fractions, decimals, and percents;
• explore numbers less than 0 by extending the number line and
through familiar applications;
• describe classes of numbers according to characteristics such as
the nature of their factors.
Understand meanings of operations and
how they relate to one another
• understand various meanings of addition and subtraction of whole
numbers and the relationship between the two operations;
• understand the effects of adding and subtracting whole numbers;
• understand situations that entail multiplication and division, such as
equal groupings of objects and sharing equally.
• understand various meanings of multiplication and division;
• understand the effects of multiplying and dividing whole numbers;
• identify and use relationships between operations, such as division
as the inverse of multiplication, to solve problems;
• understand and use properties of operations, such as the
distributivity of multiplication over addition.
Compute fluently and make reasonable
estimates
• develop and use strategies for whole-number computations, with a
focus on addition and subtraction;
• develop fluency with basic number combinations for addition and
subtraction;
• use a variety of methods and tools to compute, including objects,
mental computation, estimation, paper and pencil, and calculators.
• develop fluency with basic number combinations for multiplication
and division and use these combinations to mentally compute
related problems, such as 30 × 50;
• develop fluency in adding, subtracting, multiplying, and dividing
whole numbers;
• develop and use strategies to estimate the results of whole-number
computations and to judge the reasonableness of such results;
• develop and use strategies to estimate computations involving
fractions and decimals in situations relevant to students’ experience;
• use visual models, benchmarks, and equivalent forms to add and
subtract commonly used fractions and decimals;
• select appropriate methods and tools for computing with whole
numbers from among mental computation, estimation, calculators,
and paper and pencil according to the context and nature of the
computation and use the selected method or tool.
Instructional programs from prekindergarten
through grade 12 should enable all students to—
15
Number and Operations
Standard
Grades 6–8
Grades 9–12
Expectations
Expectations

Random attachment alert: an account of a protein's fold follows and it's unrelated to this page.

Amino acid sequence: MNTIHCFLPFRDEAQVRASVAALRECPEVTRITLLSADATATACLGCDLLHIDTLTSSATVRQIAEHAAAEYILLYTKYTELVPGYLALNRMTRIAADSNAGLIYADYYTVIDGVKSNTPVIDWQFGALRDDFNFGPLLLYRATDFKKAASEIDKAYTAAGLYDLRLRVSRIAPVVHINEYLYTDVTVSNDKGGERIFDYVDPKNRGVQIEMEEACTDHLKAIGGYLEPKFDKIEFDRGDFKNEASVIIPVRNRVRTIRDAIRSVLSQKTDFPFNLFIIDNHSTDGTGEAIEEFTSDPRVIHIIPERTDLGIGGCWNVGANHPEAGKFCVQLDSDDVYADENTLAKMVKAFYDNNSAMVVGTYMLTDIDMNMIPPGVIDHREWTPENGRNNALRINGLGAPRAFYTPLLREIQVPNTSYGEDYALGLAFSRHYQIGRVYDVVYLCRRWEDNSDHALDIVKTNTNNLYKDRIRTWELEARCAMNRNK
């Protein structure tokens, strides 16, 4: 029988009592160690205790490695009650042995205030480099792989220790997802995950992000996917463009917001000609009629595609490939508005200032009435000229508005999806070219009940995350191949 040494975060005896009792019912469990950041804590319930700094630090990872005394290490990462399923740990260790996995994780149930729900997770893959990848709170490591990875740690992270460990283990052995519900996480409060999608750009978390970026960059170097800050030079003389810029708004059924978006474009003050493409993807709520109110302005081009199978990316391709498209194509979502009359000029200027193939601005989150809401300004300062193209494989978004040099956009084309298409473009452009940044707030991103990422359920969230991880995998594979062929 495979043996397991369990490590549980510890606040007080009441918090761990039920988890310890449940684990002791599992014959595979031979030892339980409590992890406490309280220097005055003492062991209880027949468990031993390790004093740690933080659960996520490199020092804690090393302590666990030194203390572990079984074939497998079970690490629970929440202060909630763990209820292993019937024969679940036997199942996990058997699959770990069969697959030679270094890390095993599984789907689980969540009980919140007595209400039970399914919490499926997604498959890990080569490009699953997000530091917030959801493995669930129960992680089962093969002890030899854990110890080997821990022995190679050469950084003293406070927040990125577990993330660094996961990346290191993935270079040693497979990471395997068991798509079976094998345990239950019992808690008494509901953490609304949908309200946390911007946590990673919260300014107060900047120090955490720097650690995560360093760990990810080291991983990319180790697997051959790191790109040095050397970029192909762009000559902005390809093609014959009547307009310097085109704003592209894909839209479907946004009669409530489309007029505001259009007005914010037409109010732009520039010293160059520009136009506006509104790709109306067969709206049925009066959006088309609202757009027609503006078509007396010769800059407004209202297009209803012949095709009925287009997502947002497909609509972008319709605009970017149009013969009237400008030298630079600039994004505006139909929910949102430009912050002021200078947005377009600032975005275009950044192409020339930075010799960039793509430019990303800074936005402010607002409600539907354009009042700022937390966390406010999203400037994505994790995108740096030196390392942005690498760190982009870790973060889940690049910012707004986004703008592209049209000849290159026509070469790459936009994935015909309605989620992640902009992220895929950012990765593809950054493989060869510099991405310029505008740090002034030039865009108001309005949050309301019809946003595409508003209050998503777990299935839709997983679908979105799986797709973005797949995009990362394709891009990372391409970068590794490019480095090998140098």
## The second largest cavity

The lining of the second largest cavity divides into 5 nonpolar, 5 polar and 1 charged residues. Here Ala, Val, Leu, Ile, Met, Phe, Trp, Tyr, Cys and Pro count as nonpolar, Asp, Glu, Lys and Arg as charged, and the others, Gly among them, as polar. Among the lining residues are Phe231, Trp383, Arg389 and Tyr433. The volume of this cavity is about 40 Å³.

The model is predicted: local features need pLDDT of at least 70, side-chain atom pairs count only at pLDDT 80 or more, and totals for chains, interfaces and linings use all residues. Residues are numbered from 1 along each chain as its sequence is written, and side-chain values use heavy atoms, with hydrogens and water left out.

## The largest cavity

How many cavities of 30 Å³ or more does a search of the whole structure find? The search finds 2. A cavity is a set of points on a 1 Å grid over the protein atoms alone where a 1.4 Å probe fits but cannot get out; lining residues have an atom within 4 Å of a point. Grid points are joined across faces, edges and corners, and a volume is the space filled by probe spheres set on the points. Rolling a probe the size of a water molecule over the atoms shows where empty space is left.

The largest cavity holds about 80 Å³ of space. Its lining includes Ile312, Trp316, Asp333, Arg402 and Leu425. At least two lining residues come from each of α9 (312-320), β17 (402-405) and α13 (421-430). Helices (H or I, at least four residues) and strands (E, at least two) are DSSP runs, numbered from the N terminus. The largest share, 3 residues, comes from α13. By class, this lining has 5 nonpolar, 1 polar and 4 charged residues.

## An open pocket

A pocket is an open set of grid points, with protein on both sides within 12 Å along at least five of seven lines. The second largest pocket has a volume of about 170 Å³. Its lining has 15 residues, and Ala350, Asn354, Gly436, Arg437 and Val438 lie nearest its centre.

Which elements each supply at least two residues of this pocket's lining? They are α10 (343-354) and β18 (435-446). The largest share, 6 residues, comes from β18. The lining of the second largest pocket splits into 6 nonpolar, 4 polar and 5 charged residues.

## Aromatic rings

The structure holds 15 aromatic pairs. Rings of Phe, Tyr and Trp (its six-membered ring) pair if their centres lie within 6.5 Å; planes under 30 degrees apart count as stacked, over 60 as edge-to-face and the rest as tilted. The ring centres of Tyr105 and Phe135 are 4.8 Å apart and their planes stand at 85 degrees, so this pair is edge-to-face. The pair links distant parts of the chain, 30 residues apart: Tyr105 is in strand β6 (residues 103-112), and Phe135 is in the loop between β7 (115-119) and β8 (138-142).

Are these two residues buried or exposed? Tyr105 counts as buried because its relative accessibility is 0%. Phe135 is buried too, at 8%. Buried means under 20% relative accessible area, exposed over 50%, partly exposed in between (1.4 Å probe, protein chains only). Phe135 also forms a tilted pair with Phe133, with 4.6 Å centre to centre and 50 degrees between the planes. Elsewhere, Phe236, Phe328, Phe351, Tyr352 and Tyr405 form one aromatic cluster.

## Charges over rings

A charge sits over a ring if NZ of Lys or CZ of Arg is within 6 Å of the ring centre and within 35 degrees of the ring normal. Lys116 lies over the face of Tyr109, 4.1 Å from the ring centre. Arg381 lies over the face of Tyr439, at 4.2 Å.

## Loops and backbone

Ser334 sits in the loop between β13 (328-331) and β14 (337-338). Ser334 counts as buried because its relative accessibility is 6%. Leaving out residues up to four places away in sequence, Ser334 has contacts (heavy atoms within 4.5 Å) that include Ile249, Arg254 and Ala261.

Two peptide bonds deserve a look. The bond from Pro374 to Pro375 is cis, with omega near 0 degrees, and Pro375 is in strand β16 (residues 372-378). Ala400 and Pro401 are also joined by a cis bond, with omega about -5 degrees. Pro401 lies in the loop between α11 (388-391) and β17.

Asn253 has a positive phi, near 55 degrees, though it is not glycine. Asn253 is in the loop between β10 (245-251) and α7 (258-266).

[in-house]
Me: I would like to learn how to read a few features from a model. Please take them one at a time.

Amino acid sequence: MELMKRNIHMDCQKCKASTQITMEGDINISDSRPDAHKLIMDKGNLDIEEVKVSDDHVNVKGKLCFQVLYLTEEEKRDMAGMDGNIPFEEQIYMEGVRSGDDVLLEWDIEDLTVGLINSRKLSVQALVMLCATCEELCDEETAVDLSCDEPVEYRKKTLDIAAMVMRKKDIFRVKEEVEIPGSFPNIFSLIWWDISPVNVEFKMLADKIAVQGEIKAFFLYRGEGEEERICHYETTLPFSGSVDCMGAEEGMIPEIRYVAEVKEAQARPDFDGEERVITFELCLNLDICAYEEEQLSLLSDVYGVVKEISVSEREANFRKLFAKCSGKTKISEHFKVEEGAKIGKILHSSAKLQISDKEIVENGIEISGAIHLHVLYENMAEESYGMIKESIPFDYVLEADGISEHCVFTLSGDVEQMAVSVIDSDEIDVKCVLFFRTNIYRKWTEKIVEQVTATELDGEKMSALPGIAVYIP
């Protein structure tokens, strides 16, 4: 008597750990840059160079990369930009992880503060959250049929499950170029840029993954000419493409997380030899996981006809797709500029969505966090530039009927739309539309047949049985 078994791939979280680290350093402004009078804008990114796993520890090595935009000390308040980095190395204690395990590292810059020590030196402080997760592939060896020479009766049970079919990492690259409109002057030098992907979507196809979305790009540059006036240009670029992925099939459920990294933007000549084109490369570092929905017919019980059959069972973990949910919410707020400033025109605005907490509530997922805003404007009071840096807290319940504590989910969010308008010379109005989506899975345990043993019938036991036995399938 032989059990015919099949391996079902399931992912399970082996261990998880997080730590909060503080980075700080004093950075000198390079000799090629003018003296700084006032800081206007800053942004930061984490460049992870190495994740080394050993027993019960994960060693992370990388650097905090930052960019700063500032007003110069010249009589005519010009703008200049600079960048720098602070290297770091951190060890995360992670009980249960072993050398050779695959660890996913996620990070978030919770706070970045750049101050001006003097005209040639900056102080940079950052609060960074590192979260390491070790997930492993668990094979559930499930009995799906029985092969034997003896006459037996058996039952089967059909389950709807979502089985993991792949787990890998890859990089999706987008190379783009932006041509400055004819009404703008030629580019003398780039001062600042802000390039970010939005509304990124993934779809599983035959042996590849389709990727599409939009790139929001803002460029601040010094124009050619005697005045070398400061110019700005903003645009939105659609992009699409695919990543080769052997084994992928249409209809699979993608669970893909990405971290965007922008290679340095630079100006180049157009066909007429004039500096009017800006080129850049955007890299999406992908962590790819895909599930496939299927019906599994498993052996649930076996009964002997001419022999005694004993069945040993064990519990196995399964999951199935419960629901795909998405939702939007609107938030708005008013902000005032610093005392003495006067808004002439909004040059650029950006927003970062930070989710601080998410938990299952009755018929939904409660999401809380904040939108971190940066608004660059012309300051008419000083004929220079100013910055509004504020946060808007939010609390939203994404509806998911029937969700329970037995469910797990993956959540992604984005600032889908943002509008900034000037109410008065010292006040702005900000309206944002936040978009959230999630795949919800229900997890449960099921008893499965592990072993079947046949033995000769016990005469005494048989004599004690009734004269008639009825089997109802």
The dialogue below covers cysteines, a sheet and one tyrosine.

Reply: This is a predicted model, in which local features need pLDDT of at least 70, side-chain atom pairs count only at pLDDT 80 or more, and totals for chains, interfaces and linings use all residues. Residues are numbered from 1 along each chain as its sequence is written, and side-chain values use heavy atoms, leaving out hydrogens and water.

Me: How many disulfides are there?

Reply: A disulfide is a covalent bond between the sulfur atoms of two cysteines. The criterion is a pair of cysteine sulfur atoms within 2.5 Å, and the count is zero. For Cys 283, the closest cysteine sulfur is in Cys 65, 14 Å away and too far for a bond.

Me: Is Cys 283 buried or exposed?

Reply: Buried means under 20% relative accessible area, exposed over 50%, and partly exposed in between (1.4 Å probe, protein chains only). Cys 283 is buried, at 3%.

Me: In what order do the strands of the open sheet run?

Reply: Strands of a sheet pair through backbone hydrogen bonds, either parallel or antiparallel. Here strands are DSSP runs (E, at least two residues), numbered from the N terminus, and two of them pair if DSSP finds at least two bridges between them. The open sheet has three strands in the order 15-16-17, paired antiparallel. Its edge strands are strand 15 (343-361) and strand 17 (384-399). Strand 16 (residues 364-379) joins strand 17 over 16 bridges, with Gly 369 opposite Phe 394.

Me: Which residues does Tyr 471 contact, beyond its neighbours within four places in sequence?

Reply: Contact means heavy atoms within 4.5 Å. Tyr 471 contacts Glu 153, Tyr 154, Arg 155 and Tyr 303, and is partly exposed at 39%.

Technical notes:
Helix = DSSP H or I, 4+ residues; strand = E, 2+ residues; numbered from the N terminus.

In grades 6–8 all students should—
In grades 9–12 all students should—
Understand numbers, ways of representing
numbers, relationships among numbers,
and number systems
• work flexibly with fractions, decimals, and percents to solve
problems;
• compare and order fractions, decimals, and percents efficiently and
find their approximate locations on a number line;
• develop meaning for percents greater than 100 and less than 1;
• understand and use ratios and proportions to represent quantitative relationships;
• develop an understanding of large numbers and recognize and
appropriately use exponential, scientific, and calculator notation;
• use factors, multiples, prime factorization, and relatively prime
numbers to solve problems;
• develop meaning for integers and represent and compare
quantities with them.
• develop a deeper understanding of very large and very small
numbers and of various representations of them;
• compare and contrast the properties of numbers and number
systems, including the rational and real numbers, and understand
complex numbers as solutions to quadratic equations that do not
have real solutions;
• understand vectors and matrices as systems that have some of the
properties of the real-number system;
• use number-theory arguments to justify relationships involving
whole numbers.
Understand meanings of operations and
how they relate to one another
• understand the meaning and effects of arithmetic operations with
fractions, decimals, and integers;
• use the associative and commutative properties of addition and
multiplication and the distributive property of multiplication over
addition to simplify computations with integers, fractions, and
decimals;
• understand and use the inverse relationships of addition and
subtraction, multiplication and division, and squaring and finding
square roots to simplify computations and solve problems.
• judge the effects of such operations as multiplication, division, and
computing powers and roots on the magnitudes of quantities;
• develop an understanding of properties of, and representations for,
the addition and multiplication of vectors and matrices;